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Ot: The (he) Art Of Painting HapÁg

Discussion in 'Band of Glockers' started by JuDGe, Oct 23, 2006.

  1. JuDGe

    JuDGe

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    By GINO DORMIENDO
    Contributor

    THE FIRST SOLO exhibit of Joey Velasco is not intended for the callous of heart and those totally bereft of compassion. Neither are his works meant for those who regard artists as mere purveyors of beautiful images to be hung on the wall.
    With his large, plywood-size oil paintings as well as relief wood sculptures documenting the lives and collective journey of a group of street children in various parts of Metro Manila, impoverished, neglected and abused, the artist has struck a sensitive chord by opting to do his unique kind of advocacy work. By interacting with these kids of the city's
    slums, he sought to expose their abject existence, both in his art and through the book he wrote that documents their lives.

    Titled "Hapág: Faith Beyond the Canvas," (ArtAsia Gallery, 4th Floor, SM Megamall, Oct. 13-30), the exhibit is designed to call attention to the sad plight of our less fortunate brethren, the young and innocent children of the metropolis. The artist started work while undergoing treatment for kidney disease (a large mass in his left kidney had to be
    removed), and by the time he was through with the treatment, he found himself totally immersed in completing a series of paintings on the plight of the children. The stories they shared had moved him to create the paintings and write the book.

    Velasco, a 39-year-old ex-seminarian from Don Bosco in Pampanga, has produced an entire tableau of hope and redemption made possible by one's faith. Working in a style that is reminiscent of such masters as Titian, Velasquez and Caravaggio, Velasco situates the children in the context of Jesus Christ's apostolic life. With Christ virtually present in each canvas, the artist admonishes us to do our part in building a Christian community. These scenes are heart-rending as they are awe-inspiring even to non-believers and agnostics.

    The largest mural is "Hapag ng Pag-asa," a 4 x 8 ft mural involving the 12 children and Christ also shown with them, partaking of food in the manner of the Last Supper. The image has been replicated in huge billboards and many passersby have reportedly been moved by the message it
    carried. These are, of course, all real characters that Velasco has individually painted in the other works and their figures are delineated in flesh-and-blood configuration, in the style of the European masters, from their grimy visage down to their table manners. One must not fail to see the child on the floor, hungrily eating the left-over food. Particularly striking is Velasco's unique ability to show emotion with the visage --- darting eyes and all. Velasco admitted the use of a model for Christ, a mestizo whose features he altered by making his face gaunt and grimy. But the children, he insists, are all authentic, and they are captured in the manner of cinema verité, with little alterations save perhaps by what the brush has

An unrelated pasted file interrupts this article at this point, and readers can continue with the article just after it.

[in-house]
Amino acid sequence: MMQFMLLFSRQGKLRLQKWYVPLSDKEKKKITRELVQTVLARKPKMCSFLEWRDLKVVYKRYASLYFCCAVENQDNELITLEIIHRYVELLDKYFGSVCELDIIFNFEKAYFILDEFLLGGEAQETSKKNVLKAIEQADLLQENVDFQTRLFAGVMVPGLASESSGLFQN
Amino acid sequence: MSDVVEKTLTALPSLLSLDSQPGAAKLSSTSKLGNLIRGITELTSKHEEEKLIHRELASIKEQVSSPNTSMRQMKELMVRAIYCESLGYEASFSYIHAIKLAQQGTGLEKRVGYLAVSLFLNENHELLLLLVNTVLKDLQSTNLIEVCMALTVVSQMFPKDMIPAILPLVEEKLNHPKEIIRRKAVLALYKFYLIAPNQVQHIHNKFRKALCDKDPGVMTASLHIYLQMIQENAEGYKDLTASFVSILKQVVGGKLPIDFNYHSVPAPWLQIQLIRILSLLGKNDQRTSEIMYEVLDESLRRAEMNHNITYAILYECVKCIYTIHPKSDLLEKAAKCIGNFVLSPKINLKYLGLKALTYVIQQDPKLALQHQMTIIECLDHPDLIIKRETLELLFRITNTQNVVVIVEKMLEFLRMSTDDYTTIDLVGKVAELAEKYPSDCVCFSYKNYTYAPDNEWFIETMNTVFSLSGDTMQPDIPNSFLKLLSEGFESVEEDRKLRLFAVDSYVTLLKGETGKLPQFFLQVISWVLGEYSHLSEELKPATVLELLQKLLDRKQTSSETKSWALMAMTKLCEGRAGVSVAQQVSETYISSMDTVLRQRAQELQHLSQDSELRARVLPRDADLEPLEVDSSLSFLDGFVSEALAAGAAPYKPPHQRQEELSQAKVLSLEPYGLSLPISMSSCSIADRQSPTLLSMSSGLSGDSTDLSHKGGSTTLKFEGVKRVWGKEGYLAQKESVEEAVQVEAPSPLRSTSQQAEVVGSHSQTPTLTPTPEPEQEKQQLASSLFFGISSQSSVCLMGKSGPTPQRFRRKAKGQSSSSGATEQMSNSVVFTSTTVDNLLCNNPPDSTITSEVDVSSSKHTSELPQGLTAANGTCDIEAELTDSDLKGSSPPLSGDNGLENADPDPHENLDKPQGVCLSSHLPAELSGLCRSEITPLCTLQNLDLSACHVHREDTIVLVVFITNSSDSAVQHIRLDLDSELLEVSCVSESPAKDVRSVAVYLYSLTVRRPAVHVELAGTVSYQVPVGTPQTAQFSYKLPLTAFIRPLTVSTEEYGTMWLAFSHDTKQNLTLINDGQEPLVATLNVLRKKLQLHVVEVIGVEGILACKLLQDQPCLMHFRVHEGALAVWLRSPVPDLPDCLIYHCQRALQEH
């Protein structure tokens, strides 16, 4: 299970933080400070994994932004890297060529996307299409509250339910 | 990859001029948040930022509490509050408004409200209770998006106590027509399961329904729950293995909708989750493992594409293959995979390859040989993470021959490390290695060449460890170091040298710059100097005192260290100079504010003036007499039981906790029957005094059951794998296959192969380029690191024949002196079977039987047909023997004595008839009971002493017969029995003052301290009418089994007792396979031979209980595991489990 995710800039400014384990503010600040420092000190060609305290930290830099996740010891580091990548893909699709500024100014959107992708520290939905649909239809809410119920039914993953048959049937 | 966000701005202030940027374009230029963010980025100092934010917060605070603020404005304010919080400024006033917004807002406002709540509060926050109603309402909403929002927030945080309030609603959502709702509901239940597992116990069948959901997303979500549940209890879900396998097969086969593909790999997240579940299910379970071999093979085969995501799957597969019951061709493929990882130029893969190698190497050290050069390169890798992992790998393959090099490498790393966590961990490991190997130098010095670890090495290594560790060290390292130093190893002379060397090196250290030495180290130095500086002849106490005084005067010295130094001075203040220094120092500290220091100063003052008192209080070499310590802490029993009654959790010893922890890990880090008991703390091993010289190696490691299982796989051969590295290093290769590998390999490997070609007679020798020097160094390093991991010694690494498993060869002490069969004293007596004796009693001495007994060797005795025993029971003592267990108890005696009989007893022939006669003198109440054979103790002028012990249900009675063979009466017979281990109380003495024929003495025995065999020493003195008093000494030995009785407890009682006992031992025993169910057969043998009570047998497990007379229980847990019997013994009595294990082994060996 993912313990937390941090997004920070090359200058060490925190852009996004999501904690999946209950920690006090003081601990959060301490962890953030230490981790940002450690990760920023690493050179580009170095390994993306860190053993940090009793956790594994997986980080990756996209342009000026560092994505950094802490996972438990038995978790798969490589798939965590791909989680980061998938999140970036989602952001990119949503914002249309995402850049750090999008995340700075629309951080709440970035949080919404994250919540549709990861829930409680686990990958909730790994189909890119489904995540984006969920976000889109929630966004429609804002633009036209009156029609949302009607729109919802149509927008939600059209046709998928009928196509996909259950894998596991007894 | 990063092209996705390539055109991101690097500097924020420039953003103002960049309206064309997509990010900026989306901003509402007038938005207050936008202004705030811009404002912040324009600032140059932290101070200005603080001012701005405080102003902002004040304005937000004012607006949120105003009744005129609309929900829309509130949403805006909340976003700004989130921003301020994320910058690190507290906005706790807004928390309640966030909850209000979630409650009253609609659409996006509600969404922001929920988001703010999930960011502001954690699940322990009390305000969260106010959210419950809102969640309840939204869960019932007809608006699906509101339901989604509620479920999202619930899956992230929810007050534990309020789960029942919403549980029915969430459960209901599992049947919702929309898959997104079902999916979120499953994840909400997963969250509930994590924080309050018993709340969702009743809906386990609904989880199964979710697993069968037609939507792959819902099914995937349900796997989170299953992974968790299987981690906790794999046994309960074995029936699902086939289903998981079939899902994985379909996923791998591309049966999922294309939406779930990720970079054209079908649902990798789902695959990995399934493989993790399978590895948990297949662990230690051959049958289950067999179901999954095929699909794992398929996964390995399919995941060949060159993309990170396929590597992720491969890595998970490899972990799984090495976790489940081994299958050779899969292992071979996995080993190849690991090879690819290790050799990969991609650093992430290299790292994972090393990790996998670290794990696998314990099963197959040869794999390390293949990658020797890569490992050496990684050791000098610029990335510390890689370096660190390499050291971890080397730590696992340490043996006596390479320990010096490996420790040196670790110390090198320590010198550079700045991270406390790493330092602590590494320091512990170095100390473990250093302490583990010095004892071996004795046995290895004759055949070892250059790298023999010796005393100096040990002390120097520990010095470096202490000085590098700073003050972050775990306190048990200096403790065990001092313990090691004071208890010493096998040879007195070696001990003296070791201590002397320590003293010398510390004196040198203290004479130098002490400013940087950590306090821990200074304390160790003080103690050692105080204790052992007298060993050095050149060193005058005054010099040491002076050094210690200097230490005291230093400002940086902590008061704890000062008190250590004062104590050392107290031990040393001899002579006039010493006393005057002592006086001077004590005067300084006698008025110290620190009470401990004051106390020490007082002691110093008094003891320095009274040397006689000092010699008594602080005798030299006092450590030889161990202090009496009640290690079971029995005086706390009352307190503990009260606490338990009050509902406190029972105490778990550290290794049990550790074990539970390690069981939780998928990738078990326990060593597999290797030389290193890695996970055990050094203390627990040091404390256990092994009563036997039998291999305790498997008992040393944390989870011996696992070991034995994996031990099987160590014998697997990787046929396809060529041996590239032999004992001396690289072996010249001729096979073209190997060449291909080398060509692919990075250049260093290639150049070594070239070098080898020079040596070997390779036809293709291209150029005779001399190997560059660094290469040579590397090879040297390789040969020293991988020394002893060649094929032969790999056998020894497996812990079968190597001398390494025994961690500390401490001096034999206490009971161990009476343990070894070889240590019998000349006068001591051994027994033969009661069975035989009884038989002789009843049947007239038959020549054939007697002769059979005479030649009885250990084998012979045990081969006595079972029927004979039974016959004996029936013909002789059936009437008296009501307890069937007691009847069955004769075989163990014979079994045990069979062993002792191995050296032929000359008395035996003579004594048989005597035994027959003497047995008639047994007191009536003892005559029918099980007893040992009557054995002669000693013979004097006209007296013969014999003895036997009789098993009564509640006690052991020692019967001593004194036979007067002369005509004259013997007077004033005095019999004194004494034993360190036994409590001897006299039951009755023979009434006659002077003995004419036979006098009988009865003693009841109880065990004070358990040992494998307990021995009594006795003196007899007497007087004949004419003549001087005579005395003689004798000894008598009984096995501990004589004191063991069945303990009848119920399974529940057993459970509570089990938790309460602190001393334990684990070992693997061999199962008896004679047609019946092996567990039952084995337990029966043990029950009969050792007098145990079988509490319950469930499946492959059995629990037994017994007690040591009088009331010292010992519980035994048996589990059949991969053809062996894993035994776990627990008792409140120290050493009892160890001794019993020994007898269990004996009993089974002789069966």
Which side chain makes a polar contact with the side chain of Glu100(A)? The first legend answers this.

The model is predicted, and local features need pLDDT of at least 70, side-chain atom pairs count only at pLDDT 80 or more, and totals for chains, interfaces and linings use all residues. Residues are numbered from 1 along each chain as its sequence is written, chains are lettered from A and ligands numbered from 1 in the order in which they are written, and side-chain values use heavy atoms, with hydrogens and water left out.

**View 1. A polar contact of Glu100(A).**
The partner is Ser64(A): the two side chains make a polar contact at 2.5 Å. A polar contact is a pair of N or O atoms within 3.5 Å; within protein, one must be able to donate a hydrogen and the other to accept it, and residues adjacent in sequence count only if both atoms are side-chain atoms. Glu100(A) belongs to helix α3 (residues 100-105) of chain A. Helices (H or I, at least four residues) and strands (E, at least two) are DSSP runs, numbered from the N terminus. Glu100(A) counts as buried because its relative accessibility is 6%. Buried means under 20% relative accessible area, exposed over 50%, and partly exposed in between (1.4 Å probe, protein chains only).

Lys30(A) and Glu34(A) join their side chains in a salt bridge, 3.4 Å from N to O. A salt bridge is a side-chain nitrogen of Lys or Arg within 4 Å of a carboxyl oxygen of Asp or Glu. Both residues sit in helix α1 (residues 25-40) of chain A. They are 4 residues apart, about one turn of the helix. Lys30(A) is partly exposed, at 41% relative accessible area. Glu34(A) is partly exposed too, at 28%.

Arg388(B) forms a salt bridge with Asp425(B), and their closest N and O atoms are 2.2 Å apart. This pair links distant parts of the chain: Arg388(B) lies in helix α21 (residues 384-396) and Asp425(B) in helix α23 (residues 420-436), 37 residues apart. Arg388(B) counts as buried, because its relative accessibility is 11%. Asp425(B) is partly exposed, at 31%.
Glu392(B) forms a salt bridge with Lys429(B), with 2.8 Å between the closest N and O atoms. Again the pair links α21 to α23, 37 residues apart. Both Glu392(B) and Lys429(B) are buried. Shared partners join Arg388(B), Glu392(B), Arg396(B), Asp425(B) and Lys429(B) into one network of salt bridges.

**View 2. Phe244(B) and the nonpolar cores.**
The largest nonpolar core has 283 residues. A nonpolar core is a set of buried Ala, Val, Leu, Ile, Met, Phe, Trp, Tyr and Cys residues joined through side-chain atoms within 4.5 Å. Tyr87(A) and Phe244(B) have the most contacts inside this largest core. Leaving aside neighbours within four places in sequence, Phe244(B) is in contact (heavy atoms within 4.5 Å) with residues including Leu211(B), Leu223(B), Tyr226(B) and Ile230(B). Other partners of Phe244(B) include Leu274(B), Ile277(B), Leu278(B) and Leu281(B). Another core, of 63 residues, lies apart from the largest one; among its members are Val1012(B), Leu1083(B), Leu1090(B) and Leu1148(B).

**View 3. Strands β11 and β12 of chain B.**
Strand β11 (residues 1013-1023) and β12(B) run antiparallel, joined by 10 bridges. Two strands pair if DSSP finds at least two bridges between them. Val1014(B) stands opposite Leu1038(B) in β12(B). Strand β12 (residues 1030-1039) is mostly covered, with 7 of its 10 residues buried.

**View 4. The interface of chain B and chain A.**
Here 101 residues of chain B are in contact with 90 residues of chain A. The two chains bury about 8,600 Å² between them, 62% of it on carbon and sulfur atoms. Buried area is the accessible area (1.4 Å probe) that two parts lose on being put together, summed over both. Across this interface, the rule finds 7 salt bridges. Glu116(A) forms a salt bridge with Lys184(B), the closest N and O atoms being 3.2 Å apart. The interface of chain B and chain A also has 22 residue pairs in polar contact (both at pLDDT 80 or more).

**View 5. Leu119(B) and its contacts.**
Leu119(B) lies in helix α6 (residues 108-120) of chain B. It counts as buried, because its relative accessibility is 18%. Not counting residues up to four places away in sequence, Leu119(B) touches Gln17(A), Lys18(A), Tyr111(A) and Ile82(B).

done in the name of verisimilitude. That he learned how to do portraits just a year and a half ago makes the artist's feat all the more incredible, if not totally unbelievable. But he has achieved it, and can only gape in such display of skill and talent.A number of the works, ostensibly smaller in size, have Christ in the company of an old man whom the artist met in Home for the Aged while doing his missionary work. The piece, "Atrofia: You Are My Strength" shows
    the subject hugging Christ, clutching his crown of thorns. Another painting, "Heal our Land," shows Christ's hands clasped in prayer, a Filipino flag draping his arms. The pieces that literally take our heart away are those showing the children in casual and intimate conversation with
    the Master, as in "My Life Is in Your Hands" with a cripple boy of 10 and his elder sister being comforted by the Master.

    There are more scenes of the Hapág children that are better seen in the gallery walls of Artasia rather than vicariously experienced here. Velasco calls them the story of our people's own redemption. The exhibit opens on October 13, 6 p.m. at Artasia, Art Walk, SM Megamall. One may also peruse the book "They Have Jesus: The Stories of the Children of Hapag," which will be simultaneously launched on October 13, at the Book Fair Exhibit in the Megatrade Trade Hall, 5th floor, Bldg A, SM Megamall. Velasco's other works, together with cause-oriented artists, will soon be touring parts of the country, through Gawad Kalinga.



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  2. PMMA97

    PMMA97 TagaBundok

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